The recently concluded Iraq regional conference held in Sharm El-Sheikh, Egypt started with high expectations: reconciliation between Iraq and her neighbors, debt relief, and the first high level contact between the US Secretary of State and her Syrian and Iranian counterparts.
On all these fronts, it flopped.
Much hype surrounded the 30-minute meeting between Condoleezza Rice and Syrian Foreign Minister Moallem, dubbed by the New York Times as “politically very significant.”
To call it that is a stretch. If a rabid Zionist like Congressman Tom Lantos can meet with President Bashar al-Assad himself as he did several weeks ago, hoopla over the Bush administration’s realization that Syria has a foreign minister with whom to exchange pleasantries seems somewhat misplaced.
More telling though was the absence of any significant contact between Secretary Rice and Iranian Foreign Minister Mottaki. Although reportedly offended by a sleeveless violinist which precluded him from meeting her at dinner, few in the media recognized Mottaki’s excuse for what it was: a well-deserved snub of Rice.
There are still five Iranian diplomats held by the US military in Iraq after all. Can we refer to them as hostages? I assume that’s how the Iranians refer to them, much as Bush did the British sailors. I highly doubt Rice would be in the same room with any Iranian dignitary were the situation reversed.
But there are other reasons why the Iranians have a right to feel miffed.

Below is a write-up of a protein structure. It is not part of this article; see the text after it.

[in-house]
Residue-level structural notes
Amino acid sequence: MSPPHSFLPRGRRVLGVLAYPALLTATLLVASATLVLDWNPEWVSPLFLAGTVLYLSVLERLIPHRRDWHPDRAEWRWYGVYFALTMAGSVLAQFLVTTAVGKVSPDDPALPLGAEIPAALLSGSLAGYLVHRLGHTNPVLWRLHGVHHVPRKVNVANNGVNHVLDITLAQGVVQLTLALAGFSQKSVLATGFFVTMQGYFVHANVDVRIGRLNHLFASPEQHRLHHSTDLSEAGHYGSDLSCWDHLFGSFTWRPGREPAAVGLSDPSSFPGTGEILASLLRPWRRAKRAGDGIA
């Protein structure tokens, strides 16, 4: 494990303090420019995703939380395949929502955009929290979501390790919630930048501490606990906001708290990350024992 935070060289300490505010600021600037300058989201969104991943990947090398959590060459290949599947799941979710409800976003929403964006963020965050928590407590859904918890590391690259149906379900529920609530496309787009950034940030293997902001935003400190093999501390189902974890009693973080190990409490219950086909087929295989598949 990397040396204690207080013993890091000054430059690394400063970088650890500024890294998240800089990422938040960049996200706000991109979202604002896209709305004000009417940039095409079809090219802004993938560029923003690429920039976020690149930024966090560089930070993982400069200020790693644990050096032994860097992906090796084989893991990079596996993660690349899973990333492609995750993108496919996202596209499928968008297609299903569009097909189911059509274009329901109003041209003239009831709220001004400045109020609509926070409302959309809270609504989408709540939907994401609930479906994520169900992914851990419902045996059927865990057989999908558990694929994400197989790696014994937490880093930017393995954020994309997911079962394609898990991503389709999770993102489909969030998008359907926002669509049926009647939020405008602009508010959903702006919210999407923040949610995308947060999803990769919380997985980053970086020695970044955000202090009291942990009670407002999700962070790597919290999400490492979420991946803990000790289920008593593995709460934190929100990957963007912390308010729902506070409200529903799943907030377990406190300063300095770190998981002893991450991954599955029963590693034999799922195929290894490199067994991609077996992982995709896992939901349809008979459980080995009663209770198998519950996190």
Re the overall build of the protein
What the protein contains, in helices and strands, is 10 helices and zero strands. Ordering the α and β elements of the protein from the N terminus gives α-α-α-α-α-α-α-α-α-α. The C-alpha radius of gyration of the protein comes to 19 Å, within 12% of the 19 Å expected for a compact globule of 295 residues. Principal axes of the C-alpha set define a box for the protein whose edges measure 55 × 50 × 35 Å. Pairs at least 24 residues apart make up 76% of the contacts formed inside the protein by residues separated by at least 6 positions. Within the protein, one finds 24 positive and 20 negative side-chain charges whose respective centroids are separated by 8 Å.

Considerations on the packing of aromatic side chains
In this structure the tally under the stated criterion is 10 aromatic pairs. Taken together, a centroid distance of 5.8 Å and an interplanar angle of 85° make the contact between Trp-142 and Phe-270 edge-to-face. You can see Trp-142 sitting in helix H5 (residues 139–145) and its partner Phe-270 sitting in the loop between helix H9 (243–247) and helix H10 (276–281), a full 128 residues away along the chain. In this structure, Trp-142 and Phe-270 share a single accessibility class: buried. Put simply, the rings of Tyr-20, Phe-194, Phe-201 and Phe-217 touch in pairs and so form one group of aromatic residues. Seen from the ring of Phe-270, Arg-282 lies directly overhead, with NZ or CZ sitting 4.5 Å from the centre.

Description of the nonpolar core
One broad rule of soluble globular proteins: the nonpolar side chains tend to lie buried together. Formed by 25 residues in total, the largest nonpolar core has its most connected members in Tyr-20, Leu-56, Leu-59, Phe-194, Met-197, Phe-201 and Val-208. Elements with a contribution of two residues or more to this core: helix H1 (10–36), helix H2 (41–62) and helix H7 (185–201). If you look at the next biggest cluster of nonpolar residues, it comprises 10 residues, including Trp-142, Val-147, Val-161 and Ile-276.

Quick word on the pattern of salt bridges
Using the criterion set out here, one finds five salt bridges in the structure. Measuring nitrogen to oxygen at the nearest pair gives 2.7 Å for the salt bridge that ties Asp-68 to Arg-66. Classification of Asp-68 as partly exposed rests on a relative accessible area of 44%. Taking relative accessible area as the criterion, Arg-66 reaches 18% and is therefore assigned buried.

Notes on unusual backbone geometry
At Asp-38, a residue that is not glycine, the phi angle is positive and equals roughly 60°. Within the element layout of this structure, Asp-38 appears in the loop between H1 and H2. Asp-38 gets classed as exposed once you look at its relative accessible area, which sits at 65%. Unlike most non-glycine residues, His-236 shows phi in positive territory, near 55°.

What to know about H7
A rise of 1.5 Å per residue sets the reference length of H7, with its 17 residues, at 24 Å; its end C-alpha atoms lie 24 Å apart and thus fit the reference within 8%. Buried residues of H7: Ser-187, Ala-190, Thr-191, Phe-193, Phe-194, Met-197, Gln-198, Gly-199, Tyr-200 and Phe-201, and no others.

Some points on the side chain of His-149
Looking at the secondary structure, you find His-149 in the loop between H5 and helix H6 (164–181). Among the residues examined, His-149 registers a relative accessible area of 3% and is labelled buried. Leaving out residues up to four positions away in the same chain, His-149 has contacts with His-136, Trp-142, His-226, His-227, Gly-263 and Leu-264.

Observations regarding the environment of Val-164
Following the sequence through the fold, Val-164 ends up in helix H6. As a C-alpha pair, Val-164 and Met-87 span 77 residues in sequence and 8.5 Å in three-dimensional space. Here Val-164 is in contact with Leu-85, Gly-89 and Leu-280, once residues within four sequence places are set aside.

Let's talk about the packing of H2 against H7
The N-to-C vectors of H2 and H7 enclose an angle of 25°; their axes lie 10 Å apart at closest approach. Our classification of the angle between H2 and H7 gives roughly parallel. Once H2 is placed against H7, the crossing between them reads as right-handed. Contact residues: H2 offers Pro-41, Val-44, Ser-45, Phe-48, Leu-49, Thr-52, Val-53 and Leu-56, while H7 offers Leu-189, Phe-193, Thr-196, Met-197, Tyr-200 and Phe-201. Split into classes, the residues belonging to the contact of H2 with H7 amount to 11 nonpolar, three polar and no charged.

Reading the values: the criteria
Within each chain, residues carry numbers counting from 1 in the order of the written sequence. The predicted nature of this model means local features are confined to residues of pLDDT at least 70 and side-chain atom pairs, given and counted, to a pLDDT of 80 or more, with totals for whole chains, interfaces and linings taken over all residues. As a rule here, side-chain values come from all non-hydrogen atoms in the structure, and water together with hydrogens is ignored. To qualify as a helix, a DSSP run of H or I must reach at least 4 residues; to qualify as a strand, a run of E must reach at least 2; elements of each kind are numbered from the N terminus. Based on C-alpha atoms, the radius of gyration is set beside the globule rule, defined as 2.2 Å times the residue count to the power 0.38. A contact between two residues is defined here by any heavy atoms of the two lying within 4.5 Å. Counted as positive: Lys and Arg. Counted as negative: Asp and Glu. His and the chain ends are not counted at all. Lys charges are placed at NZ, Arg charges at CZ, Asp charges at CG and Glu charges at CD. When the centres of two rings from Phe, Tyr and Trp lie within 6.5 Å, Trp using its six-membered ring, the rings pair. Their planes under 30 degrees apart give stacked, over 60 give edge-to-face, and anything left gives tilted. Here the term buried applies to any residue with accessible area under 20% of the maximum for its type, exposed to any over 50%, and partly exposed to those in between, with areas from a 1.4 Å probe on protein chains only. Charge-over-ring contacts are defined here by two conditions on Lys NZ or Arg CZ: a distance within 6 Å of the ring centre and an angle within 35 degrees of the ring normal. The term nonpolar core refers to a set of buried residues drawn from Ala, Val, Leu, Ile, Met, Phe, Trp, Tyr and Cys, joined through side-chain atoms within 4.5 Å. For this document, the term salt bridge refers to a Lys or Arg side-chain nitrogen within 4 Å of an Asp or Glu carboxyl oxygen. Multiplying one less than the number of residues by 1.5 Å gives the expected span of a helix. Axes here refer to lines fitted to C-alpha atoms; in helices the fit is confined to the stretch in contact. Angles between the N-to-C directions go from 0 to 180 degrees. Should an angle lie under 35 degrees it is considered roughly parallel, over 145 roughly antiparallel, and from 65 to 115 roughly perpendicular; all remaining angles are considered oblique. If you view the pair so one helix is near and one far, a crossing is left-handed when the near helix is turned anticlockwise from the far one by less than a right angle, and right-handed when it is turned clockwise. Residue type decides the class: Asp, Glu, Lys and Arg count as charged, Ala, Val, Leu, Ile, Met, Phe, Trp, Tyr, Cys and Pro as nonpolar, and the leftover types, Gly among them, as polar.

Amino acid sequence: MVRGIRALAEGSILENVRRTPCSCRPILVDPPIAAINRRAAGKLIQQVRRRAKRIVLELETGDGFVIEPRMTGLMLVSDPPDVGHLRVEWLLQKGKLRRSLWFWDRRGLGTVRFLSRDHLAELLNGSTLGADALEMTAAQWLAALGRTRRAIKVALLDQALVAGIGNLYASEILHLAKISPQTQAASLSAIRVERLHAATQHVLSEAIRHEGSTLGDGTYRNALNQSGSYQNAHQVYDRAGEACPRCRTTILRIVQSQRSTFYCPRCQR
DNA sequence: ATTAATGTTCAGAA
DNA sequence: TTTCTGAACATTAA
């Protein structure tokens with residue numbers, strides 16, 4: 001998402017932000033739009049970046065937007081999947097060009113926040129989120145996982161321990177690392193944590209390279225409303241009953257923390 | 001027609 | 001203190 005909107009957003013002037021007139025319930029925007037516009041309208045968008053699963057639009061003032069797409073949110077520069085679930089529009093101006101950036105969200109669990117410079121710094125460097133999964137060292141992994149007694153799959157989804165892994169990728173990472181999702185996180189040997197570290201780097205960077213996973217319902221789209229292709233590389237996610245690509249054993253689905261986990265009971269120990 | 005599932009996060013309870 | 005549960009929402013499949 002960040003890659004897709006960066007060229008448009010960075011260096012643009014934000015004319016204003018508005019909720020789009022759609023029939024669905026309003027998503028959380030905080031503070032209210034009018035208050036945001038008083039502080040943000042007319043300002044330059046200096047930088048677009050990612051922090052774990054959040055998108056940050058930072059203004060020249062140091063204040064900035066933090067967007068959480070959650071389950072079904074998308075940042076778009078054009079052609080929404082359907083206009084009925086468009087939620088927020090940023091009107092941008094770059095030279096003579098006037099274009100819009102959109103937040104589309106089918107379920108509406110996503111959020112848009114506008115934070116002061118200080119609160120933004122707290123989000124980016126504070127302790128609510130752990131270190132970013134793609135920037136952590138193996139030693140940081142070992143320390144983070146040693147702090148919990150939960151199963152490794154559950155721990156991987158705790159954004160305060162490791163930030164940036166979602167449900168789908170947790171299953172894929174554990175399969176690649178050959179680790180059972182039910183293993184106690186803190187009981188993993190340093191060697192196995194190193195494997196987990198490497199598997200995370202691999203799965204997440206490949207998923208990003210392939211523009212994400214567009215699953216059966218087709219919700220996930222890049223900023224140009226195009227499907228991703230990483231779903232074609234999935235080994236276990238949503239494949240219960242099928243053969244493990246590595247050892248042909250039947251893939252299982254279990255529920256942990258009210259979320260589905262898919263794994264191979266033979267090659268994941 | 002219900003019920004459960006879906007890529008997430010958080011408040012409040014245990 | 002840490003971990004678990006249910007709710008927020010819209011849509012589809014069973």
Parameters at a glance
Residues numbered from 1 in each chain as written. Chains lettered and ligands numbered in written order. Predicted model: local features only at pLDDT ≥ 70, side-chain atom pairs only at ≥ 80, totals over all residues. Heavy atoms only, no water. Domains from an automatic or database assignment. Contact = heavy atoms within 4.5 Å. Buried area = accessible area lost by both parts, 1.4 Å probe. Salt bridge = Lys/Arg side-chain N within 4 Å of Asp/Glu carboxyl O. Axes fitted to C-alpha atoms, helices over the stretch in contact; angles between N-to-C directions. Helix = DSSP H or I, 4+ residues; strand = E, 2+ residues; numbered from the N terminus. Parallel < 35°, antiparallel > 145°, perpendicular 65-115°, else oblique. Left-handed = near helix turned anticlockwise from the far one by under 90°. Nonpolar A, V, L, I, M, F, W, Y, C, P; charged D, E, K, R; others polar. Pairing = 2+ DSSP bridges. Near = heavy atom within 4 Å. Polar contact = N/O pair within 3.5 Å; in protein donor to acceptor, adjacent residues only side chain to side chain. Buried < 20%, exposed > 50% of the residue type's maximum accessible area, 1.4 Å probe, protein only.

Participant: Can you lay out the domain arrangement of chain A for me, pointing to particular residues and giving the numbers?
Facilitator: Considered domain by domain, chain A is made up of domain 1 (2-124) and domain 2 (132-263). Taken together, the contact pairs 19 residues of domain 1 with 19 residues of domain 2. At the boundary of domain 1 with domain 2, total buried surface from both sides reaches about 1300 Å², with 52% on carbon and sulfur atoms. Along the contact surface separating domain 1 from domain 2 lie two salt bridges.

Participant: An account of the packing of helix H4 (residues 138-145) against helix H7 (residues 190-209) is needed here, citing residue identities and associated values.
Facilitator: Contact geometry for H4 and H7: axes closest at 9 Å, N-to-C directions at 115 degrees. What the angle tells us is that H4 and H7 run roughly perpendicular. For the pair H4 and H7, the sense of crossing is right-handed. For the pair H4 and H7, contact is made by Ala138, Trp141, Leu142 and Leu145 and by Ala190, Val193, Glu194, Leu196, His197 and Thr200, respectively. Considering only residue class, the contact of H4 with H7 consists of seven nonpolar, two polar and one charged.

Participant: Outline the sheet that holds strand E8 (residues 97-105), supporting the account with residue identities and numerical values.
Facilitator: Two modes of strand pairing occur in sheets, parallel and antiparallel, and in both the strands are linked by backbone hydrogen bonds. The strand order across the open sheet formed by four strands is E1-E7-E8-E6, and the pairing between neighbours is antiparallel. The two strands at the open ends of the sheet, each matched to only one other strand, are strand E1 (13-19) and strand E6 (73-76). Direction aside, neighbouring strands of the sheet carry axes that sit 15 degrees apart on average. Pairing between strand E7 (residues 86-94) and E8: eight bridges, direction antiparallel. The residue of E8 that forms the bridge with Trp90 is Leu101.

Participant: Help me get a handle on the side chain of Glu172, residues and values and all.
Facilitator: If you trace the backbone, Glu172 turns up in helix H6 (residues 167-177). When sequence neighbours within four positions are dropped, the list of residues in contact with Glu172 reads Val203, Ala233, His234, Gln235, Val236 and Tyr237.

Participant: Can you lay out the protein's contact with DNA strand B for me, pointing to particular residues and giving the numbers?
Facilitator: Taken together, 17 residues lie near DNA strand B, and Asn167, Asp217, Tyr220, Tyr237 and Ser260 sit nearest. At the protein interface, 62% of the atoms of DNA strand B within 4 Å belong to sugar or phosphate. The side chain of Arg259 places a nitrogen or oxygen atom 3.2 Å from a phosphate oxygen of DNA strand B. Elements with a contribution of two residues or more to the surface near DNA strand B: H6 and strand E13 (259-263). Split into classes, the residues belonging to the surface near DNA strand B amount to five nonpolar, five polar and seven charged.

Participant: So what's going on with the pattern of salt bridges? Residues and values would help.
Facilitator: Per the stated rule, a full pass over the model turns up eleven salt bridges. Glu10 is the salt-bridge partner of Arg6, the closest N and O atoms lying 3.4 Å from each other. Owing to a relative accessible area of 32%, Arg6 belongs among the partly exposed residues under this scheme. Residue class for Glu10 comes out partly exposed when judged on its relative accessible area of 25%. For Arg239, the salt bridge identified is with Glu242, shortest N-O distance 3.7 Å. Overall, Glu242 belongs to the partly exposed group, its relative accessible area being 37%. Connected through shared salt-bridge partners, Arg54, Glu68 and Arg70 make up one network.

The Bush administration has bent over backwards to absurdly imply that violence perpetrated by Sunni jihadists against Shia civilians and governmental officials in Iraq leads back to the Iranians, their co-religionists. On April 18th alone, 300 were killed. Near the Imam Hussain and Imam Abbas mosques in Karbala, more than 60 the following week. Are we to believe the Iranians are complicit in violence against people who would be nothing but sympathetic toward them?
Yet the disinformation campaign against Iran (having no logical reason to destabilize the first Shia-run government in an otherwise hostile Arab world) continues.
The lack of significant debt relief provided by the conference’s attendees, most notably those in the Arab world, also came as no surprise.
The tens of billions in debt Iraq incurred was primarily due to the bankrolling of its war against Iran by fellow Arabs states in the 1980s. For Saudi Arabia, Kuwait and other Gulf nations to now forgive monies used to prevent the Iraqi Shia and Kurds, brutally persecuted by Saddam under the pretext of stemming Iranian influence, from coming to power (and now in power) would be anathema!
Whether it be through a ridiculous propaganda campaign accusing Iran of aiding vehemently anti-Shia group like al-Qaida, provocations such as the arrest of their diplomats, or asserting they are on the brink of arming a nuclear weapon with a mere 100 centrifuges, it is clear the war against Iran is well underway, egged-on by Israel and maintained by the US-subservient Arab dictatorships and monarchies.
The Iraq regional “reconciliation” conference was therefore a predictable failure, ensuring the preservation of the status-quo.
Those who heard the violinist play that evening no doubt heard beautiful music. Others just found maintaining their dignity to be a bit more important.
RANNIE AMIRI is an independent observer and commentator on the Arab and Islamic worlds. He may be reached at email@example.com.